That is, of course, what every unfunded, non-commercial and, at least initially, difficult music requires in order to be presented properly - an infrastructure. For me that means nothing more or less than the interdependent relationships between a knowledgeable curator, a suitable venue, a schedule of strong musicians, and an audience keen on listening. Every one of those elements is crucial, and as simple as this appears on paper, is quite difficult to bring together. Everyone who has worked on facilitating such an infrastructure - and there are numerous people in the Twin Cities who have done so in the areas of jazz, free improvisation and other exceedingly unpopular music – has struggled with sustaining one or more of these elements in their efforts. Venues made for listening are next to non-existent for this music - most experimental music is played in bars, noisy bars, or, occasionally, in over-controlled, claustrophobic art venues; knowledgeable people who are engaged in a critical way with the music, and attend to the details that bring both musician and listener to the performance are rare as hen’s teeth. None of this is offered as a complaint – I have said, since presenting the first cwnm concert in May, 2011, that it has to be done for fun and for free. This is simply to acknowledge why this sort of effort seldom occurs for long. Any other motivation than this – to generate the infrastructure in which great, otherwise unheard music can be heard, and to do it for fun and for free, is asking for trouble.

I moved to Minneapolis in 1979, and immediately sussed out where the interesting local music was happening; at that time that meant primarily free jazz, non-idiomatic improvisation, and 20th century classical music (as well as a few rock bands). From 1979 to around 1999, that was where I invested my time and attention, and I invested a great deal of both. Most, if not all, of those venues and curators are long gone.

In the late 90s, those areas of music had been pretty exhausted for me – not entirely, but, critically, most of what I had been listening to for three decades was sounding played out, codified and stagnant, even, as saxophonist John Butcher put it, like “museum music.” (Nothing wrong with that, it is the inevitable, eventual, organic stagnation all music reaches in time). Anyway, this sense of the music I loved sounding enervated and predictable opened me up to my encounter with EAI, and for the past nine years or so, that has been my principal, though in no wise exclusive, area of musical interest.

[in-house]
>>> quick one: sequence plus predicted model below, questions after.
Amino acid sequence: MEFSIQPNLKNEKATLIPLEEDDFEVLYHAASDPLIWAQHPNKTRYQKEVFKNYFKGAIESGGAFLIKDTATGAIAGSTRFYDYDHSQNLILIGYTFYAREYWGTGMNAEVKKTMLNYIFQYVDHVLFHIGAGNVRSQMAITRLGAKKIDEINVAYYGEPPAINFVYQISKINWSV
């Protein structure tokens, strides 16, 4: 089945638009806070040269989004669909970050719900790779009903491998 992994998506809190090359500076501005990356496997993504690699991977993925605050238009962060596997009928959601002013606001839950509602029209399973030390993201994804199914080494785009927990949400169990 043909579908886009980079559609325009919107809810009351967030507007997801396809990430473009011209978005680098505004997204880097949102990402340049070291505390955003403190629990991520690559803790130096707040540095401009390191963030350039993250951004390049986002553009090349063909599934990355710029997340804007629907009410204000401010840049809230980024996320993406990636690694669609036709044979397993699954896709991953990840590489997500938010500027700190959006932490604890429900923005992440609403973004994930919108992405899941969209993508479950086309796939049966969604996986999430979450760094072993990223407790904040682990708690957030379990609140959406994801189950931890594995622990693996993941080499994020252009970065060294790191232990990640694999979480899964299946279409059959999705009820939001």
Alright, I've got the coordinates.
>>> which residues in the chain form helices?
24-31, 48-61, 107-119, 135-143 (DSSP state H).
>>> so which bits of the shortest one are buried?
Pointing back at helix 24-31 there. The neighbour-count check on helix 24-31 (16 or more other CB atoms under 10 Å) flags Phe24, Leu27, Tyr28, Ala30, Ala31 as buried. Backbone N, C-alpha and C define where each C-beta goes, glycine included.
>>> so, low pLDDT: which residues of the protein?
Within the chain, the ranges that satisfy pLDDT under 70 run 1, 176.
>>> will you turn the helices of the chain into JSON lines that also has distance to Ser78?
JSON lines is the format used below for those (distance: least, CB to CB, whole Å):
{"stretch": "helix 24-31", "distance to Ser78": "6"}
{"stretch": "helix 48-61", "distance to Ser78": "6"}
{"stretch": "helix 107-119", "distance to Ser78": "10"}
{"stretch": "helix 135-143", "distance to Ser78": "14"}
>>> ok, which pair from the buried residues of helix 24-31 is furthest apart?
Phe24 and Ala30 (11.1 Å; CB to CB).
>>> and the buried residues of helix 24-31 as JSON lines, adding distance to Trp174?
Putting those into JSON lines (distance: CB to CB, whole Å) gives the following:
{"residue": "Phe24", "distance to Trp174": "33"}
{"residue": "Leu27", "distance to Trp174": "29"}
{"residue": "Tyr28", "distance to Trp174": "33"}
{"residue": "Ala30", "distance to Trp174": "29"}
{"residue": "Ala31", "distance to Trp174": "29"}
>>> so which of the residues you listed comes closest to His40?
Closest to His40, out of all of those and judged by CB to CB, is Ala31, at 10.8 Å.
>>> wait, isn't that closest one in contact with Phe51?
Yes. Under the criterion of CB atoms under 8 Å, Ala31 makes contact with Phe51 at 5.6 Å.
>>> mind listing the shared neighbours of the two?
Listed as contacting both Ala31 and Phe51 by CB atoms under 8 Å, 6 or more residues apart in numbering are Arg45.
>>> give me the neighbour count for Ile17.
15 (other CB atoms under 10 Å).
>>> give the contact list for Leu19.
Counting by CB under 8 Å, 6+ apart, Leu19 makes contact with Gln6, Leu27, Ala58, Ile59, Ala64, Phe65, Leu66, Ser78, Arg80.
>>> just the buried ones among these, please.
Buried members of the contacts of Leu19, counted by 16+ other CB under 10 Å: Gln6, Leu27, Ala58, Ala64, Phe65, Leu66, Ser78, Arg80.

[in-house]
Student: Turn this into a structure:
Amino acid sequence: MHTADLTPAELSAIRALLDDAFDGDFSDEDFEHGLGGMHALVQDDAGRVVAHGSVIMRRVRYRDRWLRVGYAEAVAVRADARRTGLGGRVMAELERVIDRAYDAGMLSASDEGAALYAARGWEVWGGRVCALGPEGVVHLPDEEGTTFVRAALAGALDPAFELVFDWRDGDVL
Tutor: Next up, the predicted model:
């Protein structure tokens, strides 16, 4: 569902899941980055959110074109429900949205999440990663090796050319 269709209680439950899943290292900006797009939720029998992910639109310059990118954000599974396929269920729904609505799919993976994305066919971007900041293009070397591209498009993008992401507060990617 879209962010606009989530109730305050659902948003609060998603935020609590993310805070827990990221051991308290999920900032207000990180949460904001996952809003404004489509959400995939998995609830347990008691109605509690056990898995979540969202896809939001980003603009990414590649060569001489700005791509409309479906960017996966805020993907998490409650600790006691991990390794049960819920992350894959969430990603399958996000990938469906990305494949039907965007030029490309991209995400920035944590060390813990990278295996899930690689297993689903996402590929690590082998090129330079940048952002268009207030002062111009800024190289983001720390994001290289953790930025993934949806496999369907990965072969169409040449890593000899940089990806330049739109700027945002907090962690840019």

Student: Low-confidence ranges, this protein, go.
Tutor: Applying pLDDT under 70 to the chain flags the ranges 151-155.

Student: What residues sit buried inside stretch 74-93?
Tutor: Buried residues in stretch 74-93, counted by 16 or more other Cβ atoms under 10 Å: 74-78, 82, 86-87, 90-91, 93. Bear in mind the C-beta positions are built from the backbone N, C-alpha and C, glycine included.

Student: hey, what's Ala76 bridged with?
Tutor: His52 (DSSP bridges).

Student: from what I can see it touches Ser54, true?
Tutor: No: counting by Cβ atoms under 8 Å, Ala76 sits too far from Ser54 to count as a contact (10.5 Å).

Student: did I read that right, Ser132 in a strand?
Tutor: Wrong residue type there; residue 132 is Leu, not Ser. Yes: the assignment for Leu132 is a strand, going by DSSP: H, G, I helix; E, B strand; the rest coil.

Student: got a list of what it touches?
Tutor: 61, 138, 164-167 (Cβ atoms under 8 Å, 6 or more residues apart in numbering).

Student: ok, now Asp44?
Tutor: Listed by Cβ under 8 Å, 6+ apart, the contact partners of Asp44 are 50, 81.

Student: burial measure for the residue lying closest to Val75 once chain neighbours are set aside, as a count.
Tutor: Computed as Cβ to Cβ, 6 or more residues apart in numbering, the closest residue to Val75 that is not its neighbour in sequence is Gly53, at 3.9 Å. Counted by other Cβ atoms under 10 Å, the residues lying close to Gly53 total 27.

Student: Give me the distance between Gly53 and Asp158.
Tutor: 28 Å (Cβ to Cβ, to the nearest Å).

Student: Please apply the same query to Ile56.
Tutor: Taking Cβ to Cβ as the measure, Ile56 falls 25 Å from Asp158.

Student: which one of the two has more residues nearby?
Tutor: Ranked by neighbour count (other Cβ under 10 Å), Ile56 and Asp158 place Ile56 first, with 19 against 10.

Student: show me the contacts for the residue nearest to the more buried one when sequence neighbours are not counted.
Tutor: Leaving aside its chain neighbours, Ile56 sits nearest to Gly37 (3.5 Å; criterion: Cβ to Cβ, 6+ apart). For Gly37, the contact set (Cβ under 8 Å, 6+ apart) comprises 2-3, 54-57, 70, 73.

(Michael Pisaro; photo by Yuko Zama)

To your question about creating a series – I conceived of what I was doing from the first cwnm concert in May 2011 as a series, albeit woefully unfunded and so a truncated one. In 2011, cwnm organized four concerts, comprising 10 musicians; in 2012, seven concerts, 20 musicians. The 2013 schedule, to date, offers 10 concerts, involving 28 musicians.

There are a couple of reasons I wanted to attempt a series approach: first - and a critical point with introducing EAI to new audiences – there is a real learning curve involved here. This is a continuum of music seldom heard in performance outside of a few hubs of activity and interest (New York, Paris, London, Tokyo, Berlin, for example), and, outside of Europe, is seldom the recipient of foundation funding. I am pleased that I was awarded a 2013 grant from a regional arts organization for the series, the first for this area of music. To engage new audiences with something they will never hear or hear about via the media, or read about outside of a clutch of dedicated blogs, takes time and patience. Additionally, a series offers the opportunity to present the scope of the music referred to as EAI, which is impossible to do with a smaller sample size, a one-off or very occasional events.